While his fans worshipped him as a rock’n’roll deity, Elvis Presley would say a prayer before going on stage, reading the Bible and looking to God for guidance in everything he did, his stepbrother has recalled in a new biography.
Presley once told him that a show was like a first date: “You never really know how the date will turn out but you always hope it will be a good one.”
Although Presley’s love of gospel music is well known, Stanley believes that the depth of his Christian faith is not realised. “He relied on God for everything,” he said. “It’s where he got his strength. Elvis was so appreciative of what the Lord had given him. He thanked God every day and constantly sought God’s guidance through prayer and reading the Bible.”
He added: “Everybody looked at the glitz and glamour [of Presley]. They didn’t look at the man and try to understand his faith. When you’ve spent 17 years with an individual, you get to know him pretty well.”
Stanley’s insights into life with his famous stepbrother will be outlined in a forthcoming book, The Faith of Elvis, to be published in October.
The king of rock’n’roll modernised blues, country and bluegrass, sparking a musical revolution and mass hysteria with his extraordinary voice, his stage presence, his matinee idol looks and his hip-shaking moves. He died suddenly in 1977, aged 42, but his popularity remains, inspiring Baz Luhrmann’s latest film, Elvis.
Stanley was seven when he and his two younger brothers, Ricky and David, moved to Presley’s Memphis mansion, Graceland, in 1960, the year their mother, Dee, married Presley’s father, Vernon.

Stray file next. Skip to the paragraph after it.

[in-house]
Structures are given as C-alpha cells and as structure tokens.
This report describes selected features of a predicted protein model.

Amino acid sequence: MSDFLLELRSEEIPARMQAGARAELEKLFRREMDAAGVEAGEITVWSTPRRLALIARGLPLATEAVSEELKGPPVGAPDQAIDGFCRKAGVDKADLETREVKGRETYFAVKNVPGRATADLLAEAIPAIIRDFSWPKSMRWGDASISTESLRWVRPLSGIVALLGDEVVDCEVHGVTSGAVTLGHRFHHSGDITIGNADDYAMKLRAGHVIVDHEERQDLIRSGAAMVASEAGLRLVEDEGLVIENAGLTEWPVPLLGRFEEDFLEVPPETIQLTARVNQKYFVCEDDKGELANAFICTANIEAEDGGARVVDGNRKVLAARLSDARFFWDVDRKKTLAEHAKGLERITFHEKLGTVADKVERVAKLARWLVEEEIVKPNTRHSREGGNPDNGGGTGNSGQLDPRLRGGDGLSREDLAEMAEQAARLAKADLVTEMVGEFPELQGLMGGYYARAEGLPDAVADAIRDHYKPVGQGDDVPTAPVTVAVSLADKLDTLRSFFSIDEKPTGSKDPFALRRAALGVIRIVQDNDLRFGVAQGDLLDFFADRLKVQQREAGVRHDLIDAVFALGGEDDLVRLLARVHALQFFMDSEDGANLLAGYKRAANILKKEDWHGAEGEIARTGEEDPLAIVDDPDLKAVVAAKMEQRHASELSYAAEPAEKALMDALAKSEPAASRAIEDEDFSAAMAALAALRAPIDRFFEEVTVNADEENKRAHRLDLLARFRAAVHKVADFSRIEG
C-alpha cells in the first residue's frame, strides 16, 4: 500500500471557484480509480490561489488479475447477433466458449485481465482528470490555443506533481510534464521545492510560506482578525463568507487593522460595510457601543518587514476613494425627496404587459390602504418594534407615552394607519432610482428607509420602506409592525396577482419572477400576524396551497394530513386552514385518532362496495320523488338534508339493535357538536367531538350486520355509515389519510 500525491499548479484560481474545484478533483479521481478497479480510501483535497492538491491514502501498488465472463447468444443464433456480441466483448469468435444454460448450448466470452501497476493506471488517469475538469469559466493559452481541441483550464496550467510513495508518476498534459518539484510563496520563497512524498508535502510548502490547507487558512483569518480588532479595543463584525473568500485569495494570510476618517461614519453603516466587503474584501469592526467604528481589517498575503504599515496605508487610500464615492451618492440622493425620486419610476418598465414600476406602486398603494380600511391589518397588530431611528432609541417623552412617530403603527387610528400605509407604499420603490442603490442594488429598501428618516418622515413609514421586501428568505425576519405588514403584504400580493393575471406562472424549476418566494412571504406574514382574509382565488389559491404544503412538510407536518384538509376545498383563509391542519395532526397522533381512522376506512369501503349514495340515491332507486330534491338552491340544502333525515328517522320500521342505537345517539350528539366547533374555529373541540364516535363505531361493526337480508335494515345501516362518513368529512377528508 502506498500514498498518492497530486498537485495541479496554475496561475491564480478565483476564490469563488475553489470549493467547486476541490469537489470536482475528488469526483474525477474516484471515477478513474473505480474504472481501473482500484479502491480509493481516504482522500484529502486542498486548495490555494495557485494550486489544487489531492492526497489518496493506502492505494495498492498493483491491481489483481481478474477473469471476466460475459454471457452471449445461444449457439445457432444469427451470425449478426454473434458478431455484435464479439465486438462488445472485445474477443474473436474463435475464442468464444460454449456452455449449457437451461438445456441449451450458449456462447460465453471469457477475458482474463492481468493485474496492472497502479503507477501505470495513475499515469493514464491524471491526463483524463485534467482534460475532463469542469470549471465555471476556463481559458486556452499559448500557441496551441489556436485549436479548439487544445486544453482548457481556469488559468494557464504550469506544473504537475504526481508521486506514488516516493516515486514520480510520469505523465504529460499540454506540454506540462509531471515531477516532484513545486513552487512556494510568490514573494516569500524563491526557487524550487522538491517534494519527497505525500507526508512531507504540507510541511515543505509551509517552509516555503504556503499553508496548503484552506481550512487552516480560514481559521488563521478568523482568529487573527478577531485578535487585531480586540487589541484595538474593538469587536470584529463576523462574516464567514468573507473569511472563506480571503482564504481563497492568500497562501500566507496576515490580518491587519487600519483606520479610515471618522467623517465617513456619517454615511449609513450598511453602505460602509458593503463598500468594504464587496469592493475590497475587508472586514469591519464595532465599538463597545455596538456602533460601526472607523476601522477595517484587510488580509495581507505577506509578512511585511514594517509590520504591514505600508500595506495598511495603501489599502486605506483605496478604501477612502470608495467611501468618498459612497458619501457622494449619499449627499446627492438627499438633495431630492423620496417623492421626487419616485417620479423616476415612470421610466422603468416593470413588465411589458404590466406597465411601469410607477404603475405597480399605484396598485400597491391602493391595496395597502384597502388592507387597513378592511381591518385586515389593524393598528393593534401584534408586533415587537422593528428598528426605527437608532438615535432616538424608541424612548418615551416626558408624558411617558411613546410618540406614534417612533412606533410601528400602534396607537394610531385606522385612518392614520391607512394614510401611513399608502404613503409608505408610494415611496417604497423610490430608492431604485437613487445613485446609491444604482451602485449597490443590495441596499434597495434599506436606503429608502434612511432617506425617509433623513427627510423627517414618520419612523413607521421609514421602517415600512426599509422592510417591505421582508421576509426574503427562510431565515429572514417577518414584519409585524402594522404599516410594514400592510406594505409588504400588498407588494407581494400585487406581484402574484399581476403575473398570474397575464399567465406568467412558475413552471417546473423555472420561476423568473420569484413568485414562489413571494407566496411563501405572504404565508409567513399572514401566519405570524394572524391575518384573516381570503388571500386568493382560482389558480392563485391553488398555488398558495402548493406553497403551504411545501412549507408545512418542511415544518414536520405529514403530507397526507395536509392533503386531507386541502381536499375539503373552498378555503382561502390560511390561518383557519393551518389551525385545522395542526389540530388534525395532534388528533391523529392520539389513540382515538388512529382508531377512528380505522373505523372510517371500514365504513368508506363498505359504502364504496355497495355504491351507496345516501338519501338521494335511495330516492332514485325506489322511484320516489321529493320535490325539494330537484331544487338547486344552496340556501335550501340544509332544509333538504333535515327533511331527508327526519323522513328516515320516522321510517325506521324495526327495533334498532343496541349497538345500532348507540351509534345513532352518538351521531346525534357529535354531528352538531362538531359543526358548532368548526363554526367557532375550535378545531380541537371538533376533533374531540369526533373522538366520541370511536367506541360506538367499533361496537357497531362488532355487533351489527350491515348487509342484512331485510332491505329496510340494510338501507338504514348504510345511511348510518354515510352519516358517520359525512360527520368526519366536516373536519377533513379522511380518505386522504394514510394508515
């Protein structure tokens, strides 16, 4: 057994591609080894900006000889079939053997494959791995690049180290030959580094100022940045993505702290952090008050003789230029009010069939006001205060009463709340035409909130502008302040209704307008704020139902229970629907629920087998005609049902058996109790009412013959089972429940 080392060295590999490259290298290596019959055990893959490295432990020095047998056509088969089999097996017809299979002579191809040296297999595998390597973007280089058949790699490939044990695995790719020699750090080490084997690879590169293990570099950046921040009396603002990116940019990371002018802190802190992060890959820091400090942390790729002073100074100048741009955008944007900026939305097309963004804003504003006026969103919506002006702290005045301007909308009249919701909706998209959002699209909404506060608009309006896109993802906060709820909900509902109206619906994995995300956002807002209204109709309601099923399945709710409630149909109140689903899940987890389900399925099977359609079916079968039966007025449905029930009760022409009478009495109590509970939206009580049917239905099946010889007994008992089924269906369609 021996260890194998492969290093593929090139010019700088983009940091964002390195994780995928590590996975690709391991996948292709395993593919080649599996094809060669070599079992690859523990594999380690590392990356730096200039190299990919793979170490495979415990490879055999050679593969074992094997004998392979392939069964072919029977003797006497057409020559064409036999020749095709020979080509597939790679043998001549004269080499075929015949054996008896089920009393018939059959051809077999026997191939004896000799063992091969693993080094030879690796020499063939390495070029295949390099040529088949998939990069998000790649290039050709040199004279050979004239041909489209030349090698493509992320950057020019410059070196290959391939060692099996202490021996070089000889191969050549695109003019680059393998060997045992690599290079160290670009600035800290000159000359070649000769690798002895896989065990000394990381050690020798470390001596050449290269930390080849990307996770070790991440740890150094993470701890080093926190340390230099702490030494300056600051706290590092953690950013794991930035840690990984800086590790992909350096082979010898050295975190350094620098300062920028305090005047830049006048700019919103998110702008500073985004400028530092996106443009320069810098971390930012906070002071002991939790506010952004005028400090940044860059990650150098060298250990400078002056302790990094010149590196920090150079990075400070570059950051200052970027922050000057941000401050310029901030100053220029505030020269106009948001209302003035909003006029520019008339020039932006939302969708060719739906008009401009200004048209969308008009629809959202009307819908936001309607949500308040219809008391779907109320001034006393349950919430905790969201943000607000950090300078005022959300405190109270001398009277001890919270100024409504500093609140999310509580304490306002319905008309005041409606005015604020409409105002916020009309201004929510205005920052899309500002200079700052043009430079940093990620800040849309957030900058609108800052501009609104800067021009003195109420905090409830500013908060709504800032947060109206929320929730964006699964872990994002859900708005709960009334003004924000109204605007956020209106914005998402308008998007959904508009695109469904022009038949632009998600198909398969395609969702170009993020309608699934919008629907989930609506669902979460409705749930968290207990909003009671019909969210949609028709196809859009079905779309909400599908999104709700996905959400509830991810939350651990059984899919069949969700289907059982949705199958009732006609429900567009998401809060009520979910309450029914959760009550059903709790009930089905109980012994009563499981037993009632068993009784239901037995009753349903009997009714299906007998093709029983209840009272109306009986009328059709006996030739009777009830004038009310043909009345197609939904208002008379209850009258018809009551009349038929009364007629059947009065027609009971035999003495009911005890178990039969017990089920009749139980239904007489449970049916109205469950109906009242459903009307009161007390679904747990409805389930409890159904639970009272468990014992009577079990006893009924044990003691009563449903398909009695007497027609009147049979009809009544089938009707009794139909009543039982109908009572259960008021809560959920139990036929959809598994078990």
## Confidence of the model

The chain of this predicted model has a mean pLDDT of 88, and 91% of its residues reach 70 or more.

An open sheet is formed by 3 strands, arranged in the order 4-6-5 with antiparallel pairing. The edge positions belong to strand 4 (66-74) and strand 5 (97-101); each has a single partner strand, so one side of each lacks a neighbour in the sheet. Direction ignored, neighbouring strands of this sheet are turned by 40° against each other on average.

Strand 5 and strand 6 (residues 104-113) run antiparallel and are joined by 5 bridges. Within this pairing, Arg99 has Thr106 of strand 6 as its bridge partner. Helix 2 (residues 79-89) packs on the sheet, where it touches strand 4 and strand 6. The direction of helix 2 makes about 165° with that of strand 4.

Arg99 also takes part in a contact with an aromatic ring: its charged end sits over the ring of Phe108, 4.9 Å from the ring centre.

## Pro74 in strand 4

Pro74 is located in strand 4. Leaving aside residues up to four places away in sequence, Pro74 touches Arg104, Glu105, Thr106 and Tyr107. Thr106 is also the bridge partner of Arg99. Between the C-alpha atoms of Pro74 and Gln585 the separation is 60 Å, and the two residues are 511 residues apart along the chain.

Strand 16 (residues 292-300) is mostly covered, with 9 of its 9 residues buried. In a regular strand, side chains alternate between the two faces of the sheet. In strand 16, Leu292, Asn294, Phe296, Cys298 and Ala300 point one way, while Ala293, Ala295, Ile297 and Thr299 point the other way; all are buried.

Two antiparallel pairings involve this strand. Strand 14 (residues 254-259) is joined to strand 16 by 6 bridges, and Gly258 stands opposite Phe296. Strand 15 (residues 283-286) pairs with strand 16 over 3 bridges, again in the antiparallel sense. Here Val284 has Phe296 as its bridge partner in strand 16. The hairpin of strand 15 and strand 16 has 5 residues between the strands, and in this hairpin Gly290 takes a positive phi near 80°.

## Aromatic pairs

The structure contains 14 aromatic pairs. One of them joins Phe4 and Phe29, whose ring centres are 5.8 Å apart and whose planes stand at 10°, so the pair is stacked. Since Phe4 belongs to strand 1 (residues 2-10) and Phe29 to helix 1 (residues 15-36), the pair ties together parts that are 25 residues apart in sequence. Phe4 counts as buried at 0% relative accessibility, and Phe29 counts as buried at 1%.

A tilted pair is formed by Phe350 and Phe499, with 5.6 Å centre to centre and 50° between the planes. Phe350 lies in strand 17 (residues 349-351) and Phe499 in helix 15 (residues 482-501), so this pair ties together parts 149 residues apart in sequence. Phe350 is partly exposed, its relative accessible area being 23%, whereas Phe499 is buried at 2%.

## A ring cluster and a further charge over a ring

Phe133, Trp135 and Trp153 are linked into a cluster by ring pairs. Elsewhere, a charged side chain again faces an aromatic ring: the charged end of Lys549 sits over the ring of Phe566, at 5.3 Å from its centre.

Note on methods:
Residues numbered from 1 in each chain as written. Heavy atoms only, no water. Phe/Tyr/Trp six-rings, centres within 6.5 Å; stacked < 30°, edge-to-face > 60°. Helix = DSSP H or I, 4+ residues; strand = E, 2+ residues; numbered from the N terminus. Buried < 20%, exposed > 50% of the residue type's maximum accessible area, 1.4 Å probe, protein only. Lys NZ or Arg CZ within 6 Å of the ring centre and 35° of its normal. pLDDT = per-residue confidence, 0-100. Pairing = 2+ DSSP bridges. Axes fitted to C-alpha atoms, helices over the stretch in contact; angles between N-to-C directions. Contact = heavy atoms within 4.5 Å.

Presley was 25 and had already found fame with hits such as Heartbreak Hotel and Love Me Tender. Stanley recalled: “He scooped me and my brothers up in his arms and exclaimed, ‘Daddy, I always wanted a little brother. Now I’ve got three!’”
As their big brother and mentor, he taught them “the value of laughing”, gave advice on relationships – “Be protective of women … make them laugh. If you can do that, they will love you for ever” – and boosted their self-confidence, telling them: “With God, all things are possible.”
He took them through bedtime prayers and read the Bible with them, sometimes acting out its characters. “It was quite an experience to have Elvis as your Sunday school teacher,” Stanley said.
When they first arrived at Graceland, he and his brothers were too young to know who Presley was. They were puzzled by fans who waited at the gates and in the trees outside Graceland. Presley told his stepbrothers: “I’m just an entertainer.”
In 1961, aged eight, Stanley attended his first Presley concert: “Suddenly the lights went down and people began to scream. That scared us, so we looked back at Mom and Vernon. They gave us a look that said everyone was OK.”
Afterwards, Stanley asked Presley why everyone had screamed: “He smiled. ‘That’s what some people do when they like something.’”
He remembers that Presley was such a perfectionist that he would never listen to his own recordings: “One time I asked him, ‘Elvis, how come you don’t listen to your own stuff?’ He said, ‘Billy, I know I can always do it better. When I hear my own music, all I want to do is go fix it. But I can’t, because it’s already been done.’ ”
Stanley would hear Presley singing around the house, usually gospel songs: “It was how he would unwind after a concert. He would sing gospel songs until the sun came up.”
He added that, while Presley enjoying performing rock’n’roll songs such as Hound Dog and Jailhouse Rock, his “heart and soul were always with gospel music”, which he likened to “singing the Bible”.
Presley struggled with addiction and his playboy image, and whenever he faced self-doubt or anything negative he would pray, Stanley said. But Presley never went to church with his brothers, telling Stanley: “I’m afraid if I go in, people will pay more attention to me than the preacher.”